TPSD School Board meeting 03.06.12

Only three board members are present, Rob Hudson, Eddie Prather and Beth Stone. Amy Heyer had a family issue and Lee Tucker is out of town. Three board members is a quorum.

The board selected its officers for the upcoming year. The one-year terms are always chosen in March by the TPSD board. Eddie Prather was elected as board president, with Beth Stone as vice president and Rob Hudson as secretary. That follows the normal rotation, where board members rotate from secretary to vice president to president.

Prather, Stone and Kenneth Griswald are now making a presentation about a visit they made to the Cullman, Ala., school district to look at technology there. Prather and Stone said they saw from that meeting that Tupelo is ahead of the curve on a lot of things.

Cullman also has a one-to-one laptop initiative. The distirct started its roll out in 2006 and has seen its test scores increase since then.

Culman phased-in its plan for 1-to-1….Started with teacher laptop with 7-8 th grade and added technology in classrooms….followed with students the next year….added one grade level each year.

They used leases. Classroom set for each grade level at the elementary school. The Middle School is most similar to Tupelo’s 1-to-1, but they have Dell PCs not Apple. At the high school, they started taking them home but then they decided to go to classroom sets.

Key factors:

Board support, they right people on the bus and making sure you have the right people on the bus.

The principal talked about the importance of community involvement and support. Also key were faculty buy-in and making sure there was equity in all facilities.

They had to consider wireless issues, what to do with textbooks, collection at the end of the year. Griswald said it is a lot of the same issues Tupelo has faced.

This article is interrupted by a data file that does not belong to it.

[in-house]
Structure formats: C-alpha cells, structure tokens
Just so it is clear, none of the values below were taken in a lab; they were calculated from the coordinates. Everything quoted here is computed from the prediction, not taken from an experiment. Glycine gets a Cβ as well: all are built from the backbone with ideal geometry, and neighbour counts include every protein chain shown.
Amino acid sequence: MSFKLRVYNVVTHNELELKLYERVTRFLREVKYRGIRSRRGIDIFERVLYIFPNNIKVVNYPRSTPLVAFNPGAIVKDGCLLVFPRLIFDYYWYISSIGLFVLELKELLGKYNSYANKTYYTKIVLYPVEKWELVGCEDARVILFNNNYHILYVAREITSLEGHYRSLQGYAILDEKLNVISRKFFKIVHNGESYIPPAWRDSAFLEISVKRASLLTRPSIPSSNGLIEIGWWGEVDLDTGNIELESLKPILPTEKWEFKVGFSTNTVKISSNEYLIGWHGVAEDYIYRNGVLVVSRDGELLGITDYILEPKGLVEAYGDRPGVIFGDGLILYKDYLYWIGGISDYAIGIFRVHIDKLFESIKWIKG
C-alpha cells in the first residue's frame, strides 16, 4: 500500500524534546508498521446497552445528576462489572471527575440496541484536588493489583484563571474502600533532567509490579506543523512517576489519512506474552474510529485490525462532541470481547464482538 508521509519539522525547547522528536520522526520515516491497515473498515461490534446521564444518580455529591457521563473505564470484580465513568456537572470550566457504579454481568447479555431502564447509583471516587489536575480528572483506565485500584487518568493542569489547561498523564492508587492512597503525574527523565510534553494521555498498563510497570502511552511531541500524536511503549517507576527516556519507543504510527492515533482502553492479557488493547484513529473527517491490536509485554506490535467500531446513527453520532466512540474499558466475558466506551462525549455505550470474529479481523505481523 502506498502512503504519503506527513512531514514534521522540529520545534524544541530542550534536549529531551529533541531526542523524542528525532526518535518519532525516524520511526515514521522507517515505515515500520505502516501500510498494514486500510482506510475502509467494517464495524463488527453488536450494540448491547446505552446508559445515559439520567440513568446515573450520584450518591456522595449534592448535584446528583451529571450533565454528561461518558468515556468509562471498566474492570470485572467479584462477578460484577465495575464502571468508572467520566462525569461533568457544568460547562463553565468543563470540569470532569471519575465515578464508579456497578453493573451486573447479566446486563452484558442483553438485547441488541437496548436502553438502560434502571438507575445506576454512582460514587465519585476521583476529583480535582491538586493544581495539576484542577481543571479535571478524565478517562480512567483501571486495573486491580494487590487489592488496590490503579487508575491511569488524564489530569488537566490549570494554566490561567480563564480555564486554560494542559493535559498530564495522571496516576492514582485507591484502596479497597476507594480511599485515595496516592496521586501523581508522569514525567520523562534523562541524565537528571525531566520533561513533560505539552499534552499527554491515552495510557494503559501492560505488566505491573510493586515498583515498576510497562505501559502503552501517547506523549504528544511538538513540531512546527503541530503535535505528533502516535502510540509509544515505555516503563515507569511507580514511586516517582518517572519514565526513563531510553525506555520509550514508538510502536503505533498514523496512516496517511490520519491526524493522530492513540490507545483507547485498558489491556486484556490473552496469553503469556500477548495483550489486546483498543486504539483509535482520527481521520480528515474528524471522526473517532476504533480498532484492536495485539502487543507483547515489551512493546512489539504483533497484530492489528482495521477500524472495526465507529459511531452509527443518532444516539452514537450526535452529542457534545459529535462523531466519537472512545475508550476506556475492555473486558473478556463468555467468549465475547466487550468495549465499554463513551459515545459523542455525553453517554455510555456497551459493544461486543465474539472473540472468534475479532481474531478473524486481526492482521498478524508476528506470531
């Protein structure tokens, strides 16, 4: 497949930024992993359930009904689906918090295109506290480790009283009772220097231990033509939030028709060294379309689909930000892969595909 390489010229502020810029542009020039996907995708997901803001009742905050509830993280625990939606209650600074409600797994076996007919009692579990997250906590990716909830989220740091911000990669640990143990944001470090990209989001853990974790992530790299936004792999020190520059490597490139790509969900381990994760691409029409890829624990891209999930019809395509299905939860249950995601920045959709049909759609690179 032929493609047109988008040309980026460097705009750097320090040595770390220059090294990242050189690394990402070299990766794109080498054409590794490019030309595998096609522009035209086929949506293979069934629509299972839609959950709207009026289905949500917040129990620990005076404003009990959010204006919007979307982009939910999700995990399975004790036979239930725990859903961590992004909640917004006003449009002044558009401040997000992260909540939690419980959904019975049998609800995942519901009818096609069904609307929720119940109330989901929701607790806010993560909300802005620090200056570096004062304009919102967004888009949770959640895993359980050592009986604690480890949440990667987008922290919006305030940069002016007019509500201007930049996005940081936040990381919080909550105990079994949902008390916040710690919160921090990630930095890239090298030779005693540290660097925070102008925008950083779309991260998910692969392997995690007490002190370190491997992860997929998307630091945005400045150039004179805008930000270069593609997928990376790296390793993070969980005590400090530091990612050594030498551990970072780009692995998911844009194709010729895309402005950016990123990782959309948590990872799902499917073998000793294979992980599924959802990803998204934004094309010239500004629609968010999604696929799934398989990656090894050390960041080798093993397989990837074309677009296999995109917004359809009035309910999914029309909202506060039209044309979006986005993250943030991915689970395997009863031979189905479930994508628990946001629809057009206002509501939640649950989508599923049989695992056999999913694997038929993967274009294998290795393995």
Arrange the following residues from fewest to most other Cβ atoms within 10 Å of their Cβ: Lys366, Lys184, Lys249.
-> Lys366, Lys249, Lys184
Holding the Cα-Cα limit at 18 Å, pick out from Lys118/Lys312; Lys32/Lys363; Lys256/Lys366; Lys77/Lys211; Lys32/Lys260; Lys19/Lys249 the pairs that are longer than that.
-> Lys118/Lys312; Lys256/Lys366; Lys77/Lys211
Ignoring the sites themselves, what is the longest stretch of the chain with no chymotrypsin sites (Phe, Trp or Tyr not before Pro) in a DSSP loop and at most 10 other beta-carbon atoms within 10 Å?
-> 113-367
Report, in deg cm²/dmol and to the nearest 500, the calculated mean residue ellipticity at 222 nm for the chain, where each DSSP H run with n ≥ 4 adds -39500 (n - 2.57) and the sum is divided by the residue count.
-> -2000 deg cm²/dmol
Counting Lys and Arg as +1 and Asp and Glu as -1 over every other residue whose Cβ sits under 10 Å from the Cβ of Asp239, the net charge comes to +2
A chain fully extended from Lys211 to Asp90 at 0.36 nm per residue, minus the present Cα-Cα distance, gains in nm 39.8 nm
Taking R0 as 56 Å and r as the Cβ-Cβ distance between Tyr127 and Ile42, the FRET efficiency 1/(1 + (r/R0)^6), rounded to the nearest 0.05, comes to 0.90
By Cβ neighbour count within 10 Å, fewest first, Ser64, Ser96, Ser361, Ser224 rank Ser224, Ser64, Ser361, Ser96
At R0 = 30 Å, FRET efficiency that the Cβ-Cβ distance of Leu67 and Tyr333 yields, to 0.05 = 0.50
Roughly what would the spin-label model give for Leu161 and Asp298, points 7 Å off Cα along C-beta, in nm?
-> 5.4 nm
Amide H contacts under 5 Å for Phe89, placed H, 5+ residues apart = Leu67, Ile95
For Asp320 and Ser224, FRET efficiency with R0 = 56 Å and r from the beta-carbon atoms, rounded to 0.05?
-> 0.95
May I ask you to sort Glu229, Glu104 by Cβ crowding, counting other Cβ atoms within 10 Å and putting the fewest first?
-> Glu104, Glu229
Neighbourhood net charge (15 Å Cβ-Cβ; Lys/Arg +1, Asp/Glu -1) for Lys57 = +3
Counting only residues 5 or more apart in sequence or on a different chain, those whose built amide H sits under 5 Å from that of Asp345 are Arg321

Griswald said there was a reduction in discipline incidents each year after the laptop roll-out.

One of Cullman’s bumps was stolen or damaged laptops. They had less than 10 stolen and not many with major damage, Griswald said. One reason, Griswald said, is they don’t send them home at the high school and at the middle school they gave them a case. Even when it is open on the desk, it remains in the case. The case keeps the lid of the laptop from opening too much, which was a problem that Tupelo has seen a lot.

The superintendent found Twitter to be a valuable cummincation tool during the tornado last year. This year, she has encouraged teachers to get professional Twitter accounts to communicate with parents in real-time, let them know what students are learning.

Rob Hudson asks about what Tupelo is doing to gather feedback of what is working and not working. Griswald said they have had surveys and that lines of communication are open. He said they have had meetings with groups of parents and teacher-advisory councils where these issues were discussed. Mary Ann Plascencia said there hadn’t been a formal process but they’ve piloted some things. For instance, they piloted a student-response system at the high school and they are getting honest feedback from the teachers. She said they have collected a lot informally from what they’ve heard from teachers and parents throughout the last two years. Griswald said there has also been an opportunity for teachers to give feeback on Haiku, and they’ve used that feeedback to guide future training.

Griswald said that a key takeaway was that each building was deciding what professional development was needed. Central office supported that, but the schools were empowered to determine what they needed.

Prather said that Tupelo Mayor Jack Reed Jr. also joined them on the trip and that he was really interested in hearing more about the community’s feelings about Cullman’s laptop initiatives.

Several principals will now make a presentation on visits they made to various Star and High Performing schools to study what they were doing.

Fred Hill said several groups have gone but that he has chosen these four groups to make presentations today. He said the groups were asked to look at things those schools were doing that helped them to become star and high performing schools. He said he wanted them to see districts whose students were more disadvantaged than Tupelo’s but who were performing better.